With the recent trend in art towards pattern-driven art, circles or “bubbles” are a wonderfully easy invitation to create abstract art with pattern, color, and a focus on mindful, meditative drawing. Traditional, highly patterned mandalas, are also a great way for people who are new to art to experiment with using creativity to find focus and calm. As a teacher, I love offering these techniques to people who would like to practice using art for healing.

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NATASHA ::  The element of playful surprise is a thread that runs through your process and your work. Whether it’s creating a surprise beneath a flap or letting the art surprise you by allowing it to show you where you need to go, you always trust in the surprising path. What do you believe are the greatest gifts of letting go and allowing surprise to move you forward?

AMY :: Of course there are times I create an art piece in a planned way, usually on canvas, but I find the most exciting work is when I show up to the page with absolutely no plan, or a simple idea. For example, the other day I was drawing a repetitive pattern in gel pen over a two-page spread. My mother in law admired it, asking whether I’d cover the whole page with these shapes. It was fascinating to hear myself answer, because I’ve been mulling over these questions. I said, “I don’t know, it depends what it [the art piece] wants. I have to just wait and see what it asks me to do.”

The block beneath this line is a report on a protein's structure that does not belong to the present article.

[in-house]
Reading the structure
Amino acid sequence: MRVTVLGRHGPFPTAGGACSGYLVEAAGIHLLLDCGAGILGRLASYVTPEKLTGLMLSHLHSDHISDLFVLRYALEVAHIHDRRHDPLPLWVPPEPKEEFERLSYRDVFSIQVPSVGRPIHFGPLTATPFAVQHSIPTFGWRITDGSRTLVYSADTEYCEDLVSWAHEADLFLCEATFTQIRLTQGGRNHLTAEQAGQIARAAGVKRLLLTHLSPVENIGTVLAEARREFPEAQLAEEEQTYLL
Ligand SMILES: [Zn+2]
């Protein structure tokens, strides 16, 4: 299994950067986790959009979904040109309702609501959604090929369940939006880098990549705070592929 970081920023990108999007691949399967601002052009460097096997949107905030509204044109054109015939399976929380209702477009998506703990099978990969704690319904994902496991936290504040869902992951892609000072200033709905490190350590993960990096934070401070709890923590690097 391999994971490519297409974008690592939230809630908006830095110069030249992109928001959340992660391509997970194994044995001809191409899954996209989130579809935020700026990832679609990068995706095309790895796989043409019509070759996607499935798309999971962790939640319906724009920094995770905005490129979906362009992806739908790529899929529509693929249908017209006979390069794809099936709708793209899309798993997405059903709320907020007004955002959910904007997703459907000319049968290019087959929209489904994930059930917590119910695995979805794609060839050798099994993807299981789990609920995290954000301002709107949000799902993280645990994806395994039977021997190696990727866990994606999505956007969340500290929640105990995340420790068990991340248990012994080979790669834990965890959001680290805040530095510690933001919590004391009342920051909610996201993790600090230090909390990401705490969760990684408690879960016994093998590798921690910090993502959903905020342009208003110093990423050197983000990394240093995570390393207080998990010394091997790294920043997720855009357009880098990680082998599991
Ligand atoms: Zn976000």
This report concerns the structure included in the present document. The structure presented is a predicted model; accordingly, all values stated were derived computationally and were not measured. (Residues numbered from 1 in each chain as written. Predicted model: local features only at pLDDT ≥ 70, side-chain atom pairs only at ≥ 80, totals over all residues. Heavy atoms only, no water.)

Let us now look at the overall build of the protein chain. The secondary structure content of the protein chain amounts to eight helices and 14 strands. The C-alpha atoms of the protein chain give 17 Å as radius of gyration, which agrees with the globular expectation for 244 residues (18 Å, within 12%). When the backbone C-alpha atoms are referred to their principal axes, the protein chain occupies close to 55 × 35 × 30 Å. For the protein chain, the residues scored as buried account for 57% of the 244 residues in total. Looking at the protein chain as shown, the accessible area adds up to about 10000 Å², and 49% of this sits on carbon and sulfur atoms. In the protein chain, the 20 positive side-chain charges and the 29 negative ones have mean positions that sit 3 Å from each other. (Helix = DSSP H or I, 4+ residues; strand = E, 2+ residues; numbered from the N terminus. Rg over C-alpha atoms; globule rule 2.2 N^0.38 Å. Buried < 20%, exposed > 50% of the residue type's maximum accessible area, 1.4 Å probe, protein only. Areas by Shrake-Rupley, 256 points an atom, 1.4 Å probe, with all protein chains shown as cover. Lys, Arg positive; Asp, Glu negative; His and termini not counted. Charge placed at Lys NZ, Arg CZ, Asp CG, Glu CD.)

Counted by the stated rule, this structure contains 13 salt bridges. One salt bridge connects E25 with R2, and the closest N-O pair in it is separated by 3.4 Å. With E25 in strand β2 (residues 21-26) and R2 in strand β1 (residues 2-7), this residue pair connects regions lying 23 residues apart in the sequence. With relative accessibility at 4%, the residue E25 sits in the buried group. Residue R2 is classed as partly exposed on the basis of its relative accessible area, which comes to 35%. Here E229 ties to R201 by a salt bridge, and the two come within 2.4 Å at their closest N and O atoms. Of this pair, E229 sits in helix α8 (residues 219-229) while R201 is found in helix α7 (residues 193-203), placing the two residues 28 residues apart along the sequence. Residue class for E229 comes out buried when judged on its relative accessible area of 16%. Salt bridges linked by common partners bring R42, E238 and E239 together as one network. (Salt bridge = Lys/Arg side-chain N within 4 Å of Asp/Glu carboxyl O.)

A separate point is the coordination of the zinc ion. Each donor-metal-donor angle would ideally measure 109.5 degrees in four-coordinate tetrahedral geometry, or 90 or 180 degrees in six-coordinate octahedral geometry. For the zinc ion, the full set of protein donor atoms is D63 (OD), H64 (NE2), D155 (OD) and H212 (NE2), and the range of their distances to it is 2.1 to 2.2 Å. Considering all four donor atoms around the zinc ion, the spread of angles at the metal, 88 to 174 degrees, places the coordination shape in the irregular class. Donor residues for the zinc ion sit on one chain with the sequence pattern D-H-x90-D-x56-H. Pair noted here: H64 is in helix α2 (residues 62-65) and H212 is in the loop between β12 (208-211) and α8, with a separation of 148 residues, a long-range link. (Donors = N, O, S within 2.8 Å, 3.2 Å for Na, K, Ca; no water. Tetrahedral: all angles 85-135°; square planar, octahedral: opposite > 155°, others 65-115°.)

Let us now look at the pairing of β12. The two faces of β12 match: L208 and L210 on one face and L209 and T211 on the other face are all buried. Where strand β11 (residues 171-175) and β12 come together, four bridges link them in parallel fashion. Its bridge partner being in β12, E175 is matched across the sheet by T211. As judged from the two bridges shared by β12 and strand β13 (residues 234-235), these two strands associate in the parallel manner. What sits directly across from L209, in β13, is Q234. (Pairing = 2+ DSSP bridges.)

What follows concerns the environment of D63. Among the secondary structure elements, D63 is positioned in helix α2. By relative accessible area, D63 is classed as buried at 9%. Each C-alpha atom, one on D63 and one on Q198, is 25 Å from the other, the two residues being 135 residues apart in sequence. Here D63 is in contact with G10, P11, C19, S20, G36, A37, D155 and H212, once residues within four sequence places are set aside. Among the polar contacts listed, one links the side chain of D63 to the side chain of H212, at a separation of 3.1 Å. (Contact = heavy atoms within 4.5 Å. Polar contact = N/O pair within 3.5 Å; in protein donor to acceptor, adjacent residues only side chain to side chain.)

When I work this way, I really don’t plan, direct, drive, or control. For someone who has been described as “Type A” at times, letting go of the need to control and perfect is a wonderful vacation! It opens me up, lets me play, and forces me listen to what my soul and spirit need, instead of what I think I need. It slows me down. And I believe that when I slow down, I can open myself to the deepest beauty in any of the arts, which is the mystery.

If you listen deeply to artists, writers, musicians, dancers, and creative of all types, many of them will tell you that they do not feel they are in charge of creative outcomes, and the minute they try to be, it all goes south. Creative energy is a force that flows through you, you are a part of it, but the creative energy that flows through you is not something you own. Our job as artists is to open the channel and get out of the way – let the energy flow through your hand and onto the page. When I get out of the way, it’s like a scrubbing for my soul – and much of what appears before me on the page is a surprise and a delight. Sometimes it’s not very delightful at all, but it’s like life, it teaches you to deal with the good and the bad alike. This is the beauty of soulful, playful art making, it makes you like a child again, full of wonder, but with better coping skills! That’s what makes me feel alive.

NATASHA :: At one point, while talking about flaps within your art journal you refer to two of them as butterfly wings which was wonderful. I love how you intuitively knew what those flaps wanted to become. How do you come to see or understand the metaphors in your work?